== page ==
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Buffalo Creek Symposium

42 YEARS TO THE DAY SINCE ONE OF THE WORST DISASTERS IN COAL MINING HISTORY.

    Please join us, along with many of the original attorneys and experts, for the Buffalo Creek Symposium to be held at the West Virginia University College of Law, February, 25-26, 2014.

    When the Pittston Coal Company dam burst at Buffalo Creek in Logan County, WV, on February 26, 1972, 130 million gallons of water, coal sludge and waste materials were released, resulting in a 20–30 foot wall of water that flooded the towns of Buffalo Valley.

    Unlike accidents that occur at a mine site, this disaster struck miners, townspeople, and families in their homes early on a Saturday morning. There was no warning. 125 people were killed, 4,000 were left homeless, over 1,000 were injured, and nearly 1500 houses and mobile homes were destroyed or damaged. Property damage was estimated at $50 million.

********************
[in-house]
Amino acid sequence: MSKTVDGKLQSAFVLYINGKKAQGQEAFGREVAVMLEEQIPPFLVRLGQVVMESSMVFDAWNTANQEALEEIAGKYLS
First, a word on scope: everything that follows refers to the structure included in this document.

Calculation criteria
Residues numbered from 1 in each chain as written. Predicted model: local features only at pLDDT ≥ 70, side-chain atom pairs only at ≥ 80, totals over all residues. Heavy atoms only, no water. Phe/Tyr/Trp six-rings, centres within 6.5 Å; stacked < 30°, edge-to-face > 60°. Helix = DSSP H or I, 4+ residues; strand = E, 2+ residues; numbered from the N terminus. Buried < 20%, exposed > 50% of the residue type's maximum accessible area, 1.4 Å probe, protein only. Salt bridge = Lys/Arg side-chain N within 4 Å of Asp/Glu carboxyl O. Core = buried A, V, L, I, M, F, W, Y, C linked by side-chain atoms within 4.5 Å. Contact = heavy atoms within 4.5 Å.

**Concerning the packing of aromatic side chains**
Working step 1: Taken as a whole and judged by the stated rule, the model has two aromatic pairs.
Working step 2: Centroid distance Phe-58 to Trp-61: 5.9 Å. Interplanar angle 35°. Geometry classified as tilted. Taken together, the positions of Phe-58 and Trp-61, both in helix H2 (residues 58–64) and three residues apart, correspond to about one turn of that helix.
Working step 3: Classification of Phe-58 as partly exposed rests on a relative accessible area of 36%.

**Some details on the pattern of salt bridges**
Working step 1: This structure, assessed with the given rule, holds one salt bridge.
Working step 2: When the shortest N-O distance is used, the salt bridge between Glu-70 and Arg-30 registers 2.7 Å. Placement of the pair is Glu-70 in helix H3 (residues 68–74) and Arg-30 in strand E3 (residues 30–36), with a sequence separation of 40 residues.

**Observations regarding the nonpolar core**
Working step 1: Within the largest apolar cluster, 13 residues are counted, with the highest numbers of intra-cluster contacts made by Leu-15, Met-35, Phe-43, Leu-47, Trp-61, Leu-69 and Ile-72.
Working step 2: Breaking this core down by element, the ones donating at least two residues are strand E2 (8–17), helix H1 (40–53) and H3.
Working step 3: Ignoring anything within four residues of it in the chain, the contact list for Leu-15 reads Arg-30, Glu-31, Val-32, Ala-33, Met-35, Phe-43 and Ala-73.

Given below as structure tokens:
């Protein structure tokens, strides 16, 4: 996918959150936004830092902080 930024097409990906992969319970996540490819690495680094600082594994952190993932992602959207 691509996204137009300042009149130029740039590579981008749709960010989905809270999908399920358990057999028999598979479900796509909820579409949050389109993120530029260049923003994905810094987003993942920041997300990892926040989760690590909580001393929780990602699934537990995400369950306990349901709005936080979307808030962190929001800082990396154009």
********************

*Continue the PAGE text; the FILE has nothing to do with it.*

Although more than 40 years have passed since the devastating flood at Buffalo Creek occurred, this event is still recognized as one of the worst disasters in U.S. coal mining history. This symposium will explore the legal precedents and environmental legacies from the perspective of the three major cases to arise from the disaster: Dennis Prince v. The Pittston Coal CompanyJustice v. The Pittston Coal Company, andThe State of West Virginia v. The Pittston Coal Company.

    Buffalo Creek


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